This project was one epic failure after another. I almost gave up. Several times. But persistence paid off and we now have a ladybug hotel in our garden. It’s made with 100% sustainable and organic materials and it turned out to be pretty stinkin cute. Even with all of the frustration and failures. I’ll give you the behind the scenes of the ladybug hotel that almost didn’t make it.

This project was one epic failure after another. I almost gave up. Several times. But persistence paid off and we now have a ladybug hotel in our garden. It's made with 100% sustainable and organic materials and it turned out to be pretty stinkin cute. Even with all of the frustration and failures. I'll give you the behind the scenes of the ladybug hotel that almost didn't make it.

 

We’ve been using ladybugs as an all-natural way to eliminate aphids in our Victory Garden.  It’s super simple – make sure the ground is wet, and release the ladybugs at night so they don’t fly away. They come in a container of 300, you can keep them in the fridge and I like to release them in small amounts over 1-2 weeks every several days. But what happens when they eat all of the aphids? I didn’t want them to fly away forever, so I wanted to make a hotel for my ladybug friends.

 

 

I wanted to use 100% sustainable and organic materials and not have to purchase anything. I started with a cutie crate – you know – the crates that come with the cutie clementines. They have a million and one repurposes!

 

 

I sent a note out to our neighborhood newsfeed for bamboo and one of our near neighbor friends a few houses down said, “come to our yard and take as much as you want!” So I grabbed Stepson and the two of us walked over and cut down some bamboo branches to bring back.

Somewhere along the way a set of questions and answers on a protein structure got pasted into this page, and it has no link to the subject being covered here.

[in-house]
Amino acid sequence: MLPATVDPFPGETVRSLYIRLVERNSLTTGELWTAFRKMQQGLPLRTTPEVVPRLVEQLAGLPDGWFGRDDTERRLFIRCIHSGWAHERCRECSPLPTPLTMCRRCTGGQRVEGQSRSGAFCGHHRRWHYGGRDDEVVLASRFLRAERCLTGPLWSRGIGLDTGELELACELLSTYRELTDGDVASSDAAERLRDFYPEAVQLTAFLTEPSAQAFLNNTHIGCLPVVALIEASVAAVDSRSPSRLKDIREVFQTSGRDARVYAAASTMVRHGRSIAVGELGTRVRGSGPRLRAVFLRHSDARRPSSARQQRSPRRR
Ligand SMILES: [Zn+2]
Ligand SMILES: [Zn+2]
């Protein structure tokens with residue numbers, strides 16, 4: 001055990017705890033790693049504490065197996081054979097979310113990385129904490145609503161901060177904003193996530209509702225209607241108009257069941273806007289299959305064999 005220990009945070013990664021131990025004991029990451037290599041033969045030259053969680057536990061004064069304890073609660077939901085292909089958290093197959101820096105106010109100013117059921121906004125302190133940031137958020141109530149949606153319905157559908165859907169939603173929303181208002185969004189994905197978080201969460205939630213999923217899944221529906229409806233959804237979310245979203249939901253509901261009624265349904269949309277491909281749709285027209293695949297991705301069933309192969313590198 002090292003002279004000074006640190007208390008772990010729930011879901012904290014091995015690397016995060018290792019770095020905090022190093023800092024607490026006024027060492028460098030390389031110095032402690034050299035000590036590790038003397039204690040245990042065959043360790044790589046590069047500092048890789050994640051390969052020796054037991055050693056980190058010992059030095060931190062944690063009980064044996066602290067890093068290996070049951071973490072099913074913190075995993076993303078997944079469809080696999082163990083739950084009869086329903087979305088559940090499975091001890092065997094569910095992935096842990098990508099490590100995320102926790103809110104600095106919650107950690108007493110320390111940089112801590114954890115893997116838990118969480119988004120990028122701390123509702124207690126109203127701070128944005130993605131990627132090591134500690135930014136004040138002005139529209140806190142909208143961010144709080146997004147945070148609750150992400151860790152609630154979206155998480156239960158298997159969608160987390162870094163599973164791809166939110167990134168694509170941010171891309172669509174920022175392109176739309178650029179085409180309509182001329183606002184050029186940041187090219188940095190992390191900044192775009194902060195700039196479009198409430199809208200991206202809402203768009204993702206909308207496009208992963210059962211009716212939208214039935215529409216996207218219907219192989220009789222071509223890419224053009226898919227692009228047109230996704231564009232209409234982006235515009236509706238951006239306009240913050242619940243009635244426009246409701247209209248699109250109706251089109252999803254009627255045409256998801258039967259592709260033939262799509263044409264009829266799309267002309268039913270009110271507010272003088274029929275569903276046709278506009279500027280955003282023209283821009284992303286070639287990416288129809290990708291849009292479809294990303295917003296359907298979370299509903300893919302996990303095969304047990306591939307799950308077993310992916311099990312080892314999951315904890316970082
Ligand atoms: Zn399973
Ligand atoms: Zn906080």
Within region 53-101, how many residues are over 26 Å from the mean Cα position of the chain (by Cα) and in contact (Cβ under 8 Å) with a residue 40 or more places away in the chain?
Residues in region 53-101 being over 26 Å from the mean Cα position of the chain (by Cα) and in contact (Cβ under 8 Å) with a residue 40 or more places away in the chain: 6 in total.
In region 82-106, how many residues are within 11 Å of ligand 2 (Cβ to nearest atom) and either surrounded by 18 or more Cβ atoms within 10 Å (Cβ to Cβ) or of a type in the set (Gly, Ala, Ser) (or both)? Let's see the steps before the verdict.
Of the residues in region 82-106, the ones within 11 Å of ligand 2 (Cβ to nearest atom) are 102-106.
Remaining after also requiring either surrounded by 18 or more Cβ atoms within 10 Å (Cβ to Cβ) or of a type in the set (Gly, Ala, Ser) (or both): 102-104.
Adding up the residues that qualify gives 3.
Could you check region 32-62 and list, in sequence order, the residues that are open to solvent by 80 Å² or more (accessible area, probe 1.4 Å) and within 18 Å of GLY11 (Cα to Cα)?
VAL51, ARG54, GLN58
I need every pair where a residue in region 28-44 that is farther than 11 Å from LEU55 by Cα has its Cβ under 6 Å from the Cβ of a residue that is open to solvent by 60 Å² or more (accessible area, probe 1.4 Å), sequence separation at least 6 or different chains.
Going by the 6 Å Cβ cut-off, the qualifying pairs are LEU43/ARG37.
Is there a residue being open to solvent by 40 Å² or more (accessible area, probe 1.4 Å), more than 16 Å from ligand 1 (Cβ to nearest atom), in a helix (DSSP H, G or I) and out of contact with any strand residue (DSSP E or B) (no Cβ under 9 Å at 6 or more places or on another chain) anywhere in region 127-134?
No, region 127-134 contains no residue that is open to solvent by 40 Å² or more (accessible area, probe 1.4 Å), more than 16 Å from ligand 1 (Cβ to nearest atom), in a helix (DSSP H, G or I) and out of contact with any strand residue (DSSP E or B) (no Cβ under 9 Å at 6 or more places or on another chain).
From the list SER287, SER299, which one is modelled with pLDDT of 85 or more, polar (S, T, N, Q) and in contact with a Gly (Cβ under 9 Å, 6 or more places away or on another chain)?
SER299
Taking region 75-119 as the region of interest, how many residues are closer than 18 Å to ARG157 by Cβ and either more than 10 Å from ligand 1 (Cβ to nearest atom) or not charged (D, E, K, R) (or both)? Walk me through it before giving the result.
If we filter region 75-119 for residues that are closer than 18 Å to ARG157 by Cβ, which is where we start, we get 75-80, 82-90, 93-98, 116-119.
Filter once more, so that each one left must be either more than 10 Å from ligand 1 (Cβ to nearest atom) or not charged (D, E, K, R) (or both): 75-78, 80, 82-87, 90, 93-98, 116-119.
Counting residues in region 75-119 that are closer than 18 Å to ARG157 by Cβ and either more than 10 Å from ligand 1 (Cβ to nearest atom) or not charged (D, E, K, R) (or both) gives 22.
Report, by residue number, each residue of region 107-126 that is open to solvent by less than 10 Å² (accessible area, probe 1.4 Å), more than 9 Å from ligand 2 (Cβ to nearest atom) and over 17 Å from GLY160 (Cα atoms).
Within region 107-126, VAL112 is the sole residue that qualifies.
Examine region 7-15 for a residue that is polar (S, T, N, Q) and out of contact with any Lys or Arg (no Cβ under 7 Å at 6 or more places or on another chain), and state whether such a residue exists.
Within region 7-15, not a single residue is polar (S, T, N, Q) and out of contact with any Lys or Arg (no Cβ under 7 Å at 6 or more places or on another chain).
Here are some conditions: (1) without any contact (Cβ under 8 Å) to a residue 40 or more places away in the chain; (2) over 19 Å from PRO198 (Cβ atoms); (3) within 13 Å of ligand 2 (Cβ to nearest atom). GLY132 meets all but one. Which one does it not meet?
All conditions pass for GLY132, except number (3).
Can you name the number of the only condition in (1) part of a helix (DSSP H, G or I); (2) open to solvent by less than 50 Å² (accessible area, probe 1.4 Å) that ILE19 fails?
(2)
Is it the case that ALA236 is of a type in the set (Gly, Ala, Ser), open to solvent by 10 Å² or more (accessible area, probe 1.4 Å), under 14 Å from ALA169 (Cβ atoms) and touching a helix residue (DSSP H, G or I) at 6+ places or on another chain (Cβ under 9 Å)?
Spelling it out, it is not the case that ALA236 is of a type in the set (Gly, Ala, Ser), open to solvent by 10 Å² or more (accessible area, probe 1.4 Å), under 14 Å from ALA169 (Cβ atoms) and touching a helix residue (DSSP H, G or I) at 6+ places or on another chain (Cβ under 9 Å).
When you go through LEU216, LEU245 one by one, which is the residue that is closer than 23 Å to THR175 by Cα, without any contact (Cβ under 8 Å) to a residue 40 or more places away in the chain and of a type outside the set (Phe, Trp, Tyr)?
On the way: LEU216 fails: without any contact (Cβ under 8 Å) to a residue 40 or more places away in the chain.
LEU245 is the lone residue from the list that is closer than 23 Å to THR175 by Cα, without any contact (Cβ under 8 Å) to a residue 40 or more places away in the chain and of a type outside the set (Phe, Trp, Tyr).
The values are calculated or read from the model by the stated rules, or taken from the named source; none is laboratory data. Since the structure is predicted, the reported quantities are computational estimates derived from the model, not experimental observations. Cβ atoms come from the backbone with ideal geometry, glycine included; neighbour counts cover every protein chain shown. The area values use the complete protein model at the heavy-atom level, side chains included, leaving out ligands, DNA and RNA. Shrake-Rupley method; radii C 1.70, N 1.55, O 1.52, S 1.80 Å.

I cut them with a lopper at the joints. Lesson Learned #1 – don’t cut them with a lopper in the middle or they will crack and break. More on that later.

 

 

I thought we could use the leaves from the bamboo to fill in the gaps. The initial thought was to put the leaves through the holes and fill in with the bamboo, but that left it too unstable. Lesson Learned #2.

 

 

Well, when we cut the bamboo, there was not nearly enough. So in the meantime, I went ahead and painted the crate with Annie Sloan’s chalk paint and gave it three coats. Lesson Learned #3.

 

 

I then took a round sponge brush thingy and made the ladybug spots.

 

 

Ok, so while that was drying, I checked in with my neighbors and made a second trip to their house. This time by myself since Stepson wasn’t around. I cut down some more bamboo and dragged it back home. I must have been a sight… I stuck the lopper in the back of my pants and was walking down the street literally dragging the bamboo. Did I mention it was 95 degrees outside?

Back to more lopping off the branches and cutting the stalks at the joints. (PS – I’m beat at this point!)

 

 

Hubby came to my rescue and helped me out by cutting the already small bamboo pieces in half with a hacksaw. He was able to double the amount of bamboo and the hacksaw cut through easily without breaking any pieces.